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Archives for SPC Convective outlook are updated daily with a live map a the beginning of the article. Touch or click map to get possible update, and follow link at end of article for referral to NOAA/NWS Storm Prediction Center. Archives for Chicago's hourly weather data were updated 24-48 hours after end of each day prior to Dec. 2020.

Friday, August 20, 2021

SPC Aug 20, 2021 1300 UTC Day 1 Convective Outlook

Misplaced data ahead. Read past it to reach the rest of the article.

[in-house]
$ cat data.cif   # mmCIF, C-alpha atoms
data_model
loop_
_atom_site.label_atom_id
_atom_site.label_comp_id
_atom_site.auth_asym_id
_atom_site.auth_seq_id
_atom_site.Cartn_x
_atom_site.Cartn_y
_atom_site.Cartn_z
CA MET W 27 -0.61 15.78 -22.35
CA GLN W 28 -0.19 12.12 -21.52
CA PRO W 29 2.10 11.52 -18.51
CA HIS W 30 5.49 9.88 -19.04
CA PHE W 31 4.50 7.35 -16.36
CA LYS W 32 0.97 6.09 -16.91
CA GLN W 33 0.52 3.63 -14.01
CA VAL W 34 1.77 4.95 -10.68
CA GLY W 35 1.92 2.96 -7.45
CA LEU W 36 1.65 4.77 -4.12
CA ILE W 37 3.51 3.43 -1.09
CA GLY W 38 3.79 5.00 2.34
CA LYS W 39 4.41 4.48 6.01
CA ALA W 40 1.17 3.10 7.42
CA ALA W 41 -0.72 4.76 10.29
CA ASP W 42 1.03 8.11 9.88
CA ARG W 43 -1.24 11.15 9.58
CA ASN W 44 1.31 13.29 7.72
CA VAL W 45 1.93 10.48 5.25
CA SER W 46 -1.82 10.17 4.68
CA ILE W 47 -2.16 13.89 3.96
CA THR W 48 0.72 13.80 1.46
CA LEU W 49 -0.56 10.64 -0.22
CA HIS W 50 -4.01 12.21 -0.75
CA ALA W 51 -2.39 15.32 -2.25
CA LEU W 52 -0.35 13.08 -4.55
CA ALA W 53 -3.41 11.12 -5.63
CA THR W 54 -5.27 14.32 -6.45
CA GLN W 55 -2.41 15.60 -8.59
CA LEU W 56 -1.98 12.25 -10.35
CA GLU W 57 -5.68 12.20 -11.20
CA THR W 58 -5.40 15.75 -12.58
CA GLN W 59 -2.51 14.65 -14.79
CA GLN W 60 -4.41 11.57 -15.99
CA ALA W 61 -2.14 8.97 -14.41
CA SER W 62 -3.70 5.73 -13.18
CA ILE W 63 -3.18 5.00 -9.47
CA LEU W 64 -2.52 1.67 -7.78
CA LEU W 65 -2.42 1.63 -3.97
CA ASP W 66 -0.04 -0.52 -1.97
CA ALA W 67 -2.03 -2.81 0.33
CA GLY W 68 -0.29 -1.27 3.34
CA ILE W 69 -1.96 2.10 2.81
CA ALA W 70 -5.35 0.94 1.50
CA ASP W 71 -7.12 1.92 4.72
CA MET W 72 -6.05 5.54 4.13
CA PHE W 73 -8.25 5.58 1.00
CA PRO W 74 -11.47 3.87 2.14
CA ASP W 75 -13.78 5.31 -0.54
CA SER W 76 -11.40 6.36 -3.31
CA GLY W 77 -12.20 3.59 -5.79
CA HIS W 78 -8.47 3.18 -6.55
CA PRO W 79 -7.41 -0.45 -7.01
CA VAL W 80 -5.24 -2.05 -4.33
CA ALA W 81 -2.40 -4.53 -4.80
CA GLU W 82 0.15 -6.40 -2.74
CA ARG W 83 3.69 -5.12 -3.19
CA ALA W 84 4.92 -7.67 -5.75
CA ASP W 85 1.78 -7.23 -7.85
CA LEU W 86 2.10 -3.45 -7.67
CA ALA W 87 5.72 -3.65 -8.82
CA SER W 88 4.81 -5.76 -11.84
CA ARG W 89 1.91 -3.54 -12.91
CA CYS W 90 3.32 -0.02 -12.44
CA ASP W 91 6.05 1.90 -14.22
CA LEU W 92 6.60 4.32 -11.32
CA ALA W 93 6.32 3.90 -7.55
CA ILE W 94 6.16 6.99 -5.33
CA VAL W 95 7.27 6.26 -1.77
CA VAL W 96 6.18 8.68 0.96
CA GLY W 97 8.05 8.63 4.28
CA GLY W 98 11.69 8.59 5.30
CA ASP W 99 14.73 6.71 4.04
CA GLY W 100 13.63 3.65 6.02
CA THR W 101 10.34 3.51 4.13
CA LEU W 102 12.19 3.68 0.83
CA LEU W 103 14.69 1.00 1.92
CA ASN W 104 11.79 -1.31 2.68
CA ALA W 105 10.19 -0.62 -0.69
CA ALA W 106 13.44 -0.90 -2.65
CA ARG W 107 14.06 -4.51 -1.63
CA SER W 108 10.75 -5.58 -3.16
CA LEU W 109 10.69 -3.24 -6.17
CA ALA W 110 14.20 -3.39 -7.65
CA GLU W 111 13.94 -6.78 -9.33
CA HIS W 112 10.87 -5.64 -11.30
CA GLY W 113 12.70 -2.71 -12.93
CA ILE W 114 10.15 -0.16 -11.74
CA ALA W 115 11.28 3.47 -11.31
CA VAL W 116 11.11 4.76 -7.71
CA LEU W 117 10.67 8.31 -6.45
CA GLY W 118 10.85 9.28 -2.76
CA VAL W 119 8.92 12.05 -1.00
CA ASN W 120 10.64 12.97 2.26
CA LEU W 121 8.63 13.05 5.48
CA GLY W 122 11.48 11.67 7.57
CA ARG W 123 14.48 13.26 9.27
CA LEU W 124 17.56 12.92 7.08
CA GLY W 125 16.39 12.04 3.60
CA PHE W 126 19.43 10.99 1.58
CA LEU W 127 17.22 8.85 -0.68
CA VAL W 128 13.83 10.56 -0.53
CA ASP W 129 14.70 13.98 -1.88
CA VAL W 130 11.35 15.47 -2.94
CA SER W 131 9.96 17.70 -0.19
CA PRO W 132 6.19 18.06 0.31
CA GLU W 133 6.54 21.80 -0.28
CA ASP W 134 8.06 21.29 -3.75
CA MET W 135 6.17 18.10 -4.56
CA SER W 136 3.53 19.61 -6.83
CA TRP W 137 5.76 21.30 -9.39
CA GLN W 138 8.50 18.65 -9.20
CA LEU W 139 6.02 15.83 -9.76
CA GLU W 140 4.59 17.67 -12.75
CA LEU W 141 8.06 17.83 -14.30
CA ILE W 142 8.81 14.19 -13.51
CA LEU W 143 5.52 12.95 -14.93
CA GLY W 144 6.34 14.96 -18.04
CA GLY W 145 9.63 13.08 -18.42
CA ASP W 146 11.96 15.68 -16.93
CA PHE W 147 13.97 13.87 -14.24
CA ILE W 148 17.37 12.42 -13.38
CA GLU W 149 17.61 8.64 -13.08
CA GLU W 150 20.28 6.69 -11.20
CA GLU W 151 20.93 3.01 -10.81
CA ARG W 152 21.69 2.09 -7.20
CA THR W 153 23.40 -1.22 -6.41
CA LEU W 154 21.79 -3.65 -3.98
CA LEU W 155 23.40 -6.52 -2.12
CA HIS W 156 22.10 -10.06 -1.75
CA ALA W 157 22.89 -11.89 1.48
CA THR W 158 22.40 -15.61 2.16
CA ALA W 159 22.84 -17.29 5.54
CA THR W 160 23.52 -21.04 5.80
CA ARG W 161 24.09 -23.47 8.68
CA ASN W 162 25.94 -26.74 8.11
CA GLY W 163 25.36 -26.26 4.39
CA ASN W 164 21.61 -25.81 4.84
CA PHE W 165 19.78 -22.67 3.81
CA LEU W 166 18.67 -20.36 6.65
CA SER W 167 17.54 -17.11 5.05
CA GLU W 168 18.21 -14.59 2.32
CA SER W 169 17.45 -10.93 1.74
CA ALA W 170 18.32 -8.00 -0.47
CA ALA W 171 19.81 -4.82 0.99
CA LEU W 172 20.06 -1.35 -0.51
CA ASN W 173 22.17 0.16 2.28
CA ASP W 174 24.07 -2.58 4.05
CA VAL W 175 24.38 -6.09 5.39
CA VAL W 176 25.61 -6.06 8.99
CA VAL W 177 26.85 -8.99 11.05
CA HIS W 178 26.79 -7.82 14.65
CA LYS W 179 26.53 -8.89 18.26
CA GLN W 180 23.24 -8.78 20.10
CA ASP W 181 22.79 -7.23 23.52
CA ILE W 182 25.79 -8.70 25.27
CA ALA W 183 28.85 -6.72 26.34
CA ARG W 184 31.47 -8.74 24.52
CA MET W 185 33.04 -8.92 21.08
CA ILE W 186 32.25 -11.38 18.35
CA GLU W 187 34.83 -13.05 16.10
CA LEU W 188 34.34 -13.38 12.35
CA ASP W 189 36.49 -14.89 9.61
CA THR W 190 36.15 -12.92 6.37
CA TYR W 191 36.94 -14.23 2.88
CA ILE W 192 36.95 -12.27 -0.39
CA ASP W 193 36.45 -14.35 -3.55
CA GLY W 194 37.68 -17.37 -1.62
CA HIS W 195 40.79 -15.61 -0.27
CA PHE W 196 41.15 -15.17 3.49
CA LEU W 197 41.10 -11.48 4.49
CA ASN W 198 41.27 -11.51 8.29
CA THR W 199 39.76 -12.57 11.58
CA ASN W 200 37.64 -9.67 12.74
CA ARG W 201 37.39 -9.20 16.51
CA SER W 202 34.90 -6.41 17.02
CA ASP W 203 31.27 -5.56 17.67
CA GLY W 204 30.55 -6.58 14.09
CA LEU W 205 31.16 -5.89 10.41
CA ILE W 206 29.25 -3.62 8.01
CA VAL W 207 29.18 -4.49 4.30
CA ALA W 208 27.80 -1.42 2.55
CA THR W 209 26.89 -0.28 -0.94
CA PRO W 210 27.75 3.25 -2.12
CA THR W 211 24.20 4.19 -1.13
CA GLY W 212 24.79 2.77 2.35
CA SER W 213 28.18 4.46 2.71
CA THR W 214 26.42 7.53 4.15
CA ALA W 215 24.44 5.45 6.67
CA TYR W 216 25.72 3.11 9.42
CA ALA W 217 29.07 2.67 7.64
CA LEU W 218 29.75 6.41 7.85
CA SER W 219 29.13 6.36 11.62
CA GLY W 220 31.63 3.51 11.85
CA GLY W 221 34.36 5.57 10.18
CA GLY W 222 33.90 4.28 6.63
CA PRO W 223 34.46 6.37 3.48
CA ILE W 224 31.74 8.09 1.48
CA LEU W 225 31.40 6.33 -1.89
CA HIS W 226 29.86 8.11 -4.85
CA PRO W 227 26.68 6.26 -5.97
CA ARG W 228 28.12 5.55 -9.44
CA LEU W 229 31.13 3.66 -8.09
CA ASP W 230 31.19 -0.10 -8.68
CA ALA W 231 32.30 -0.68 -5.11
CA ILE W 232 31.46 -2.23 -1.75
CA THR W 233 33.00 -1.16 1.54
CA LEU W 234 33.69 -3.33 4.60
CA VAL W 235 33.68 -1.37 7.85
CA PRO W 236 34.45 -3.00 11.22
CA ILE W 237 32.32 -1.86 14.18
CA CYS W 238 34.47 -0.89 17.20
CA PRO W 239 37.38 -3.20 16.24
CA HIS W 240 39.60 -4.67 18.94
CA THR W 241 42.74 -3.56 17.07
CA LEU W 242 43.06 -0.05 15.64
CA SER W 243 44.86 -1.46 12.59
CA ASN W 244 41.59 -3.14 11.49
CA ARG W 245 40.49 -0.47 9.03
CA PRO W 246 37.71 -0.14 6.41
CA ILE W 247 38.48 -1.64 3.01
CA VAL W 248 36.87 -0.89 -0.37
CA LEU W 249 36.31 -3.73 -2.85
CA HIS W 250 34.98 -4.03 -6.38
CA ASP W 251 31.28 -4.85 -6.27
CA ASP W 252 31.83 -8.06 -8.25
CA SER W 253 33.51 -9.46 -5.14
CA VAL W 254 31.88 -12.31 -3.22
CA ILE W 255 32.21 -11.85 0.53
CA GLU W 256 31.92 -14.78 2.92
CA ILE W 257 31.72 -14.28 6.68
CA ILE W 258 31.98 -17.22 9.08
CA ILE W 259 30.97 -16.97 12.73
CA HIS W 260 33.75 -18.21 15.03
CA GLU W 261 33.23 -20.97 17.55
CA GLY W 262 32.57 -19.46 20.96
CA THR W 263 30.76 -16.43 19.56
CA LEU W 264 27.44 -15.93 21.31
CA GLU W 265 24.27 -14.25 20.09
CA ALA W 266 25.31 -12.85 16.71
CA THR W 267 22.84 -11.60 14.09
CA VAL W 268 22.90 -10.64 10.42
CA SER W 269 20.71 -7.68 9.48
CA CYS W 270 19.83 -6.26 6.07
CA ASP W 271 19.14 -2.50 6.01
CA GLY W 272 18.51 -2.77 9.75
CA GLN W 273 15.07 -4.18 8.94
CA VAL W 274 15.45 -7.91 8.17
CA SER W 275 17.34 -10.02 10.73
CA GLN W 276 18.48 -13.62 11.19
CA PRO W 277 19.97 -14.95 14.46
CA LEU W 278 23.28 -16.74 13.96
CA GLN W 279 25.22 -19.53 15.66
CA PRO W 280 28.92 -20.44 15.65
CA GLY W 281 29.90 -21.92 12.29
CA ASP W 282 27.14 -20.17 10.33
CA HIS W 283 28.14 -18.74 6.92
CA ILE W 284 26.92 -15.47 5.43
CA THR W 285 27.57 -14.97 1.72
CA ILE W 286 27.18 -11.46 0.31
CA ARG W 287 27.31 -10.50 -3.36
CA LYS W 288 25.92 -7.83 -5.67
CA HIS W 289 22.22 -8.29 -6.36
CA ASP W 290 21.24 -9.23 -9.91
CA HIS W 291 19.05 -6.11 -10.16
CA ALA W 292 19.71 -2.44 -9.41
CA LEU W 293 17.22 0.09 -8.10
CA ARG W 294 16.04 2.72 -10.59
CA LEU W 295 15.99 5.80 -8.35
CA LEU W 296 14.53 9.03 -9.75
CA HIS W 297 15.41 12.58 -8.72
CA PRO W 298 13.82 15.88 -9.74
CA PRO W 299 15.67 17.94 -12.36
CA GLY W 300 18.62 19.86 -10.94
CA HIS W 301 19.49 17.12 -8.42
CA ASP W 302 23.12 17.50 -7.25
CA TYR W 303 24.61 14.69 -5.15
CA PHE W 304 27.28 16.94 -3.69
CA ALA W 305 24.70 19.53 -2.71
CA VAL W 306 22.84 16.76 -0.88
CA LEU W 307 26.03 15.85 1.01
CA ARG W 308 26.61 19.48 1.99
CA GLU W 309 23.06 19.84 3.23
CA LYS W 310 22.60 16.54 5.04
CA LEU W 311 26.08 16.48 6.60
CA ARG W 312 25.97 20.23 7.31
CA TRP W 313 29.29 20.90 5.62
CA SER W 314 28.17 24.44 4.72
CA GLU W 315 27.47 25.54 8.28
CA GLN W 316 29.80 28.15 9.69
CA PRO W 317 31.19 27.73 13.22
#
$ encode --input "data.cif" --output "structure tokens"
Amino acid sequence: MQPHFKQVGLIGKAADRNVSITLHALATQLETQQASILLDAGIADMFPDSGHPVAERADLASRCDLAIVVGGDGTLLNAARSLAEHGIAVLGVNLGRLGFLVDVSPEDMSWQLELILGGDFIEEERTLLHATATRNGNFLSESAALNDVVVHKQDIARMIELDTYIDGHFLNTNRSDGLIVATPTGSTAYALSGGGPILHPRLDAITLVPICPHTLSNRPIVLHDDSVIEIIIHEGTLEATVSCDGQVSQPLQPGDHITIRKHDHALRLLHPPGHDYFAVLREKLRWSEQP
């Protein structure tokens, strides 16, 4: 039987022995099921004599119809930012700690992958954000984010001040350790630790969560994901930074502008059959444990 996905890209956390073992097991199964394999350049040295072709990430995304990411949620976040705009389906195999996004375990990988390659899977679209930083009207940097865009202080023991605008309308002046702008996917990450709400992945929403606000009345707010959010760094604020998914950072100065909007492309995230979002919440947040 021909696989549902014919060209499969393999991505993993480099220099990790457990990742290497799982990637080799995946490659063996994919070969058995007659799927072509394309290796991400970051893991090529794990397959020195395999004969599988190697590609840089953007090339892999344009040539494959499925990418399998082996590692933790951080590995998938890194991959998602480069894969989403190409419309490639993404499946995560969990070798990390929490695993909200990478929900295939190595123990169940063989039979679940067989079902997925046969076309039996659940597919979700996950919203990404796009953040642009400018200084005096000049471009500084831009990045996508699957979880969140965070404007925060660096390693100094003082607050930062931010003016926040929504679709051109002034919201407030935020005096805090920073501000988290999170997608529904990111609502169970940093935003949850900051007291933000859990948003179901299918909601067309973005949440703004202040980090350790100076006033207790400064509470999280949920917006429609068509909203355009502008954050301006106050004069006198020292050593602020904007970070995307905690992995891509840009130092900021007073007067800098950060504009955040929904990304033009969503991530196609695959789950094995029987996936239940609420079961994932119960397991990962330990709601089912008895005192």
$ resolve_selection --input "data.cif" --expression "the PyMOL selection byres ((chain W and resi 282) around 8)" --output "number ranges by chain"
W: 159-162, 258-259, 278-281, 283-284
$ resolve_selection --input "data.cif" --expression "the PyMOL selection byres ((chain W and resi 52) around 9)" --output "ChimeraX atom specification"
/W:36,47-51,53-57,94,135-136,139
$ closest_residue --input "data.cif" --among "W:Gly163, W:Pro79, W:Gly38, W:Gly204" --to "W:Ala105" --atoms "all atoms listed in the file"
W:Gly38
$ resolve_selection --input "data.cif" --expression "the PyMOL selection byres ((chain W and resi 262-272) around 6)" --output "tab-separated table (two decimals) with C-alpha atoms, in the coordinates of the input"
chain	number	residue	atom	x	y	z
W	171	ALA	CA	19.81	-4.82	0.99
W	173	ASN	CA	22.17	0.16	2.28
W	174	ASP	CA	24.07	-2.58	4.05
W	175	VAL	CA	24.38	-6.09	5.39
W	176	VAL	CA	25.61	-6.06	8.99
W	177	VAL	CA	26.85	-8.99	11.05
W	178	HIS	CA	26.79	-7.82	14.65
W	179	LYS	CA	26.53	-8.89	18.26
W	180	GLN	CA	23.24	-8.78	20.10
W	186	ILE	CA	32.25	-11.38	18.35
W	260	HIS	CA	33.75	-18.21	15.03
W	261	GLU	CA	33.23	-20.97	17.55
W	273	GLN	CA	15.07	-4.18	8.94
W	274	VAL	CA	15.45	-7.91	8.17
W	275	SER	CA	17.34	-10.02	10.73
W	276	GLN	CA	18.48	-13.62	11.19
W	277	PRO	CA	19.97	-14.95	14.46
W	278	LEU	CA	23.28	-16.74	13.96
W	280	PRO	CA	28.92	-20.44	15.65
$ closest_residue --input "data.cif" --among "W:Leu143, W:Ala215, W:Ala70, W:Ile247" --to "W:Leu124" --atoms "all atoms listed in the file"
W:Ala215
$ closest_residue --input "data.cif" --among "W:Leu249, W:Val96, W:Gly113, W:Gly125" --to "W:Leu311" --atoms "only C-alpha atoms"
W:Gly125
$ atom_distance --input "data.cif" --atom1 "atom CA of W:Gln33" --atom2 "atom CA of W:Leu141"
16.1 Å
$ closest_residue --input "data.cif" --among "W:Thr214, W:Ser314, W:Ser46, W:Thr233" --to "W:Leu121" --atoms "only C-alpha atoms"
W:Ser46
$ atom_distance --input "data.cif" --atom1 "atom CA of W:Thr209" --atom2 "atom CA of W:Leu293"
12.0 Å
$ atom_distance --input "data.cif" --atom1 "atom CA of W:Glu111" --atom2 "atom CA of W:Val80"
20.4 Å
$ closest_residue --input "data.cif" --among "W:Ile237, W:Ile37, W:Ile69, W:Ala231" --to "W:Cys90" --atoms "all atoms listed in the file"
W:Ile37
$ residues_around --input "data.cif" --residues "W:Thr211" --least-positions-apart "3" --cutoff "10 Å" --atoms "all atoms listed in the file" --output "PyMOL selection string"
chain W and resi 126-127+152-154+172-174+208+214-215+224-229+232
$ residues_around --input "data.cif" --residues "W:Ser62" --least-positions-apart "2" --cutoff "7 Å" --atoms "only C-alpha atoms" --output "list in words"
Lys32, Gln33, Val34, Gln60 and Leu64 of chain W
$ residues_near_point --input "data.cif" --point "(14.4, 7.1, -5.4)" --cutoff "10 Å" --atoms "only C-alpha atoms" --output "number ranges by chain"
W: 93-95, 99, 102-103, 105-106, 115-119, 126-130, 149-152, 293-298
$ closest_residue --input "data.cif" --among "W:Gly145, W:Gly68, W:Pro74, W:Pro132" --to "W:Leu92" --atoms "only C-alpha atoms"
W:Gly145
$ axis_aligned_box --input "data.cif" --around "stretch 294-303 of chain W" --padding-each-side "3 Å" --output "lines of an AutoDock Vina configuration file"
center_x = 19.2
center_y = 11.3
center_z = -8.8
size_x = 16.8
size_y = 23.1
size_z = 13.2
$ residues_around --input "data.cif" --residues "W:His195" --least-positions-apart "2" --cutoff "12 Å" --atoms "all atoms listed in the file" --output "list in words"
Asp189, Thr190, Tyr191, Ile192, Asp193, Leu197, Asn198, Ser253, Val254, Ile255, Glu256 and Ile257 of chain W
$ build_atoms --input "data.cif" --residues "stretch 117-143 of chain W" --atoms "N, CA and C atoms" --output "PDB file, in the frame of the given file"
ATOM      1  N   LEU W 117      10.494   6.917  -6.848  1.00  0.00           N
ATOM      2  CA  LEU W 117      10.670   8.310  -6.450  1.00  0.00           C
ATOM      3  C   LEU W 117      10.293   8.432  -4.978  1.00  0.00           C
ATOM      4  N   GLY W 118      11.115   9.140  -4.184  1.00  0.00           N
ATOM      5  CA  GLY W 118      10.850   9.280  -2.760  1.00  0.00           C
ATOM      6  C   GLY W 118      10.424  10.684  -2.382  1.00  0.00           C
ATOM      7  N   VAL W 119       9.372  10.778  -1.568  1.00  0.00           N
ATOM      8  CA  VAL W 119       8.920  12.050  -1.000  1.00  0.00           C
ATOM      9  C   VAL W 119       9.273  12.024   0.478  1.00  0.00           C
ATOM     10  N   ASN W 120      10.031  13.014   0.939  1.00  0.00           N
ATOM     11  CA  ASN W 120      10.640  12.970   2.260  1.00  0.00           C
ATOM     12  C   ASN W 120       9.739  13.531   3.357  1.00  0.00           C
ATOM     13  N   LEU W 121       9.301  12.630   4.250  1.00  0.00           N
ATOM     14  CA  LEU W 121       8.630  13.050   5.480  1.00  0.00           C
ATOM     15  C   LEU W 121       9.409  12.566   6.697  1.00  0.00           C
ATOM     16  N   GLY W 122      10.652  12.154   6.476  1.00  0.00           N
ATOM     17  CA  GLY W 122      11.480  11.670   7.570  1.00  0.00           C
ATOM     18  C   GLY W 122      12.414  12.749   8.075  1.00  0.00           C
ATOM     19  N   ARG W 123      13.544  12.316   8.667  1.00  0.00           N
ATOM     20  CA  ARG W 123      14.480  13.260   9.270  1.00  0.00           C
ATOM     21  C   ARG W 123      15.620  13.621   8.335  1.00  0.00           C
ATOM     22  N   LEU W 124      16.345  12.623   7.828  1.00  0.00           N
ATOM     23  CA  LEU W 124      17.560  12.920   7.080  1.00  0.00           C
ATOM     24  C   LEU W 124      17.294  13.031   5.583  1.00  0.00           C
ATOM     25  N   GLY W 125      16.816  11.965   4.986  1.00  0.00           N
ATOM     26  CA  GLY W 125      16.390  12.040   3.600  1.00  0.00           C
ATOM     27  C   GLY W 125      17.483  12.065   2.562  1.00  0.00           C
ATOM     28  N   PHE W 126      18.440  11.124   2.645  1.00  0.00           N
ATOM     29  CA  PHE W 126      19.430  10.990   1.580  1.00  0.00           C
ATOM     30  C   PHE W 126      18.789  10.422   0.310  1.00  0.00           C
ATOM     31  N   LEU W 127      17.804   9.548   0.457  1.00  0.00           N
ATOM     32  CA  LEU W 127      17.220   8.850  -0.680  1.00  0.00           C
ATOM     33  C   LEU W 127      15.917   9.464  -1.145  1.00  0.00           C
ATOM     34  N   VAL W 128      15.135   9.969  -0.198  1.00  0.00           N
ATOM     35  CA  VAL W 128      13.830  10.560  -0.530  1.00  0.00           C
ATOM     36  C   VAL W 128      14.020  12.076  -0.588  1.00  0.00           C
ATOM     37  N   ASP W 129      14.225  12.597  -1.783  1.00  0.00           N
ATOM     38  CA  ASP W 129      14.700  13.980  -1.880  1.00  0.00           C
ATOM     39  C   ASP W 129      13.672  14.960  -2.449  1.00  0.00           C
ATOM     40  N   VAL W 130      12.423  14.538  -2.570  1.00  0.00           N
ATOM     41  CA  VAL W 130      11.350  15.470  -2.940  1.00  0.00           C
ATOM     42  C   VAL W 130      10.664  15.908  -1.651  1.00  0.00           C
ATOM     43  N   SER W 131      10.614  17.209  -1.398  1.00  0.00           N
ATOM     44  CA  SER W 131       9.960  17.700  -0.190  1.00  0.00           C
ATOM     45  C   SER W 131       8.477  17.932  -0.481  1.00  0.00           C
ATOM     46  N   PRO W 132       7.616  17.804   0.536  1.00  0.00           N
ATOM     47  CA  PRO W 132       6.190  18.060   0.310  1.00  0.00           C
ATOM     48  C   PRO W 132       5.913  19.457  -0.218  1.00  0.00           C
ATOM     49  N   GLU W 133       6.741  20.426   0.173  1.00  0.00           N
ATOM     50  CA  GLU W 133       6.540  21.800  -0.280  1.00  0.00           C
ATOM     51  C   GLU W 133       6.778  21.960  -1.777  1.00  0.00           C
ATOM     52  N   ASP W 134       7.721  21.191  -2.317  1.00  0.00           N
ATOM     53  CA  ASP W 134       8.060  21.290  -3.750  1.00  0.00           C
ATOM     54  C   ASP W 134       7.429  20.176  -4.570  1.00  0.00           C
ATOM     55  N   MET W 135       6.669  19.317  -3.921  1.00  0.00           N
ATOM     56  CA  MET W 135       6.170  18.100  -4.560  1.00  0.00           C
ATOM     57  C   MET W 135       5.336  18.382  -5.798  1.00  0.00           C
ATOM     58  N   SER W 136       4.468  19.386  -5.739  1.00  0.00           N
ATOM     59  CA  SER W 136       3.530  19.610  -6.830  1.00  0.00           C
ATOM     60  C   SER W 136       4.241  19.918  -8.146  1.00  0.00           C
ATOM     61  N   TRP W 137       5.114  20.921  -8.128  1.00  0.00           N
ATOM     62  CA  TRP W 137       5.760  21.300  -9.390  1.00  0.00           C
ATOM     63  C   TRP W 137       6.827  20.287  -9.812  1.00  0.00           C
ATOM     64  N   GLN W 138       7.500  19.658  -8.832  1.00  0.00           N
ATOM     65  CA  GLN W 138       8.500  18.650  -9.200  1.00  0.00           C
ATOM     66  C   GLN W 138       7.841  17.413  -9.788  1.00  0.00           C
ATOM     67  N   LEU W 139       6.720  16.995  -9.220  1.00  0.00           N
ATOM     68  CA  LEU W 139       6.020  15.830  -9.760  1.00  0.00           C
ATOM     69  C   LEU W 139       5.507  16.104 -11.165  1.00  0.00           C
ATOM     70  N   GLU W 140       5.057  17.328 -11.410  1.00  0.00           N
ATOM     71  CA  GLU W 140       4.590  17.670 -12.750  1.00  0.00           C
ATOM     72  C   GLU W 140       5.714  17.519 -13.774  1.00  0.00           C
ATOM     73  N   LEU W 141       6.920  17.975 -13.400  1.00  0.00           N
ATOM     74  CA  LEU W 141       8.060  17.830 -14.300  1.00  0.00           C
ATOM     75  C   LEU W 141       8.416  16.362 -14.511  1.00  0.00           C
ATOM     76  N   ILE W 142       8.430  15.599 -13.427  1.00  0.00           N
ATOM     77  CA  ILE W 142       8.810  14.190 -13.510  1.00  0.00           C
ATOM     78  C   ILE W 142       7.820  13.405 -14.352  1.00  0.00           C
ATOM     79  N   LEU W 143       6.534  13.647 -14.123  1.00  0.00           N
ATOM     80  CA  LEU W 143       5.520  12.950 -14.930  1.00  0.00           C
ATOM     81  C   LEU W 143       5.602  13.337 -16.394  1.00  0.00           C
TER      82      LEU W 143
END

SPC 1300Z Day 1 Outlook Day 1 Convective Outlook NWS Storm Prediction Center Norman OK 0751 AM CDT Fri Aug 20 2021 Valid 201300Z - 211200Z ...THERE IS A SLIGHT RISK OF SEVERE THUNDERSTORMS FROM PARTS OF THE UPPER MIDWEST TO LOWER MISSOURI VALLEY... ...SUMMARY... Damaging winds, large hail and a few tornadoes are possible with episodes of thunderstorms today and tonight, from parts of the Upper Midwest to lower Missouri Valley. ...Synopsis... The CONUS portion of the large-scale mid/upper-level pattern will feature a mean trough in the West, with two strong shortwaves (one exiting, one entering): 1. The initial shortwave trough -- evident in moisture-channel imagery from central MT to western CO -- is forecast to eject northeastward across the central Rockies, central High Plains and northern Plains through 12Z tomorrow. Though deamplifying, this will remain a strong perturbation for the rest of this period. By 00Z the trough should extend from southeastern SK across the western/central Dakotas to the NE Panhandle. By 12Z, its axis should lie near a line from Winnipeg southward along the Red River of the North to near FSD. 2. An upstream trough -- initially positioned over coastal BC between the AK Panhandle and Vancouver Island -- will dig southeastward, forming a closed 500-mb low over the interior Pacific Northwest by the end of the period. To the east, a broad area of modest cyclonic flow is apparent around a trough located over extreme southern QC, northern NY, and southwestward through the central/southern Appalachians. A closed, cut-off low is progged to develop tonight over WV, while ridging builds to its north from Hudson Bay across eastern ON. The associated cold-core cyclone and trough will influence motion and evolution of Tropical Storm Henri over the Atlantic, per latest NHC discussions, but with no associated threat for organized severe storms through day-1. At the surface, 11Z analysis showed an area of low pressure elongated on a frontal zone from southeastern MB to central/ northeastern SD, with a cold front southwestward across southwestern NE. The low is expected to consolidate over central ND, then move northeastward along the frontal zone, across the northwestern corner of MN and over adjoining southeastern MB this evening. By 00Z the cold front should extend from that low across western MN, northwestern IA, southeastern NE, and south-central KS, to a low near the Raton Mesa and CO/NM border. By 12Z, the front should reach the MN Arrowhead, western WI, northeastern MO, southeastern KS, to the trailing low over the northern TX Panhandle. ...Upper Midwest to lower Missouri Valley... Scattered thunderstorms should develop today and tonight, at first in a blend of discrete and banded modes, then evolving into one or two dominant quasi-linear swaths of convection with southward growth through the evening. As this activity moves eastward to northeastward across the outlook area, all severe modes (damaging gusts, large hail, and a few tornadoes) are possible. Animated satellite and radar imagery have shown good continuity with a field of large-scale lift and associated precip just ahead of the southern portion of the shortwave trough. This UVV plume is apparent from northeastern CO across the NE Panhandle to southeastern SD, and should shift northeastward in step with the motion of the parent perturbation. A relatively maximized zone of severe-wind threat may develop across parts of eastern SD, southeastern ND and western MN, as the zone of relatively maximized large-scale ascent approaches the front, and in combination, impinges on a warm sector that could destabilize favorably from both theta-e advection and diurnal heating. Prefrontal surface dewpoints in the upper 60s to lower 70s F remain common, except over central NE, where a now-decayed MCS has left a mesoscale, low-level theta-e deficit that should advect/deform northward and become narrower in zonal extent. Given that antecedent boundary-layer disruption, enough uncertainty lingers to preclude an unconditional "enhanced"-level/30% upgrade at this time, related to: 1. How much of both heating and warm/moist advection will occur, and how fast, behind the morning clouds/precip, and 2. Support for robust cold-pool organization on the mesoscale, given a very deep layer of southerlies from just above the surface through upper levels. The southerlies will contain favorable bulk shear, but also, will be aligned strongly parallel to the quasi- linear corridor of convective forcing. Mesoscale trends and shorter-fused progs will be assessed for more confidence in such a wind area, if needed, during the day. Regardless, the axis of greatest wind potential appears displaced eastward from that of hail. The latter should be maximized earlier in the convective cycle, when the potential is greater for discrete to semi-discrete supercells. As such, within the broader categorical outlook, these probabilities have been refined accordingly. Low-level shear will be favorable for maintaining a swath of 150-250 J/kg effective, inflow-layer SRH during both phases, increasing some after dark as the LLJ increases (but QLCS mode also becomes more dominant). This will support potential for a few tornadoes throughout the afternoon and evening, including as trailing convection develops near the front and builds southward into the western IA/eastern NE/northeastern KS/northwestern MO area. A more-pristine boundary layer will exist over those areas, with rich low-level moisture and still-favorable frontal lift, but also, displacement from stronger mid/upper forcing and the gradual nocturnal surface cooling as counterbalancing influences. ..Edwards/Gleason.. 08/20/2021 Read more LIVE: spc.noaa.gov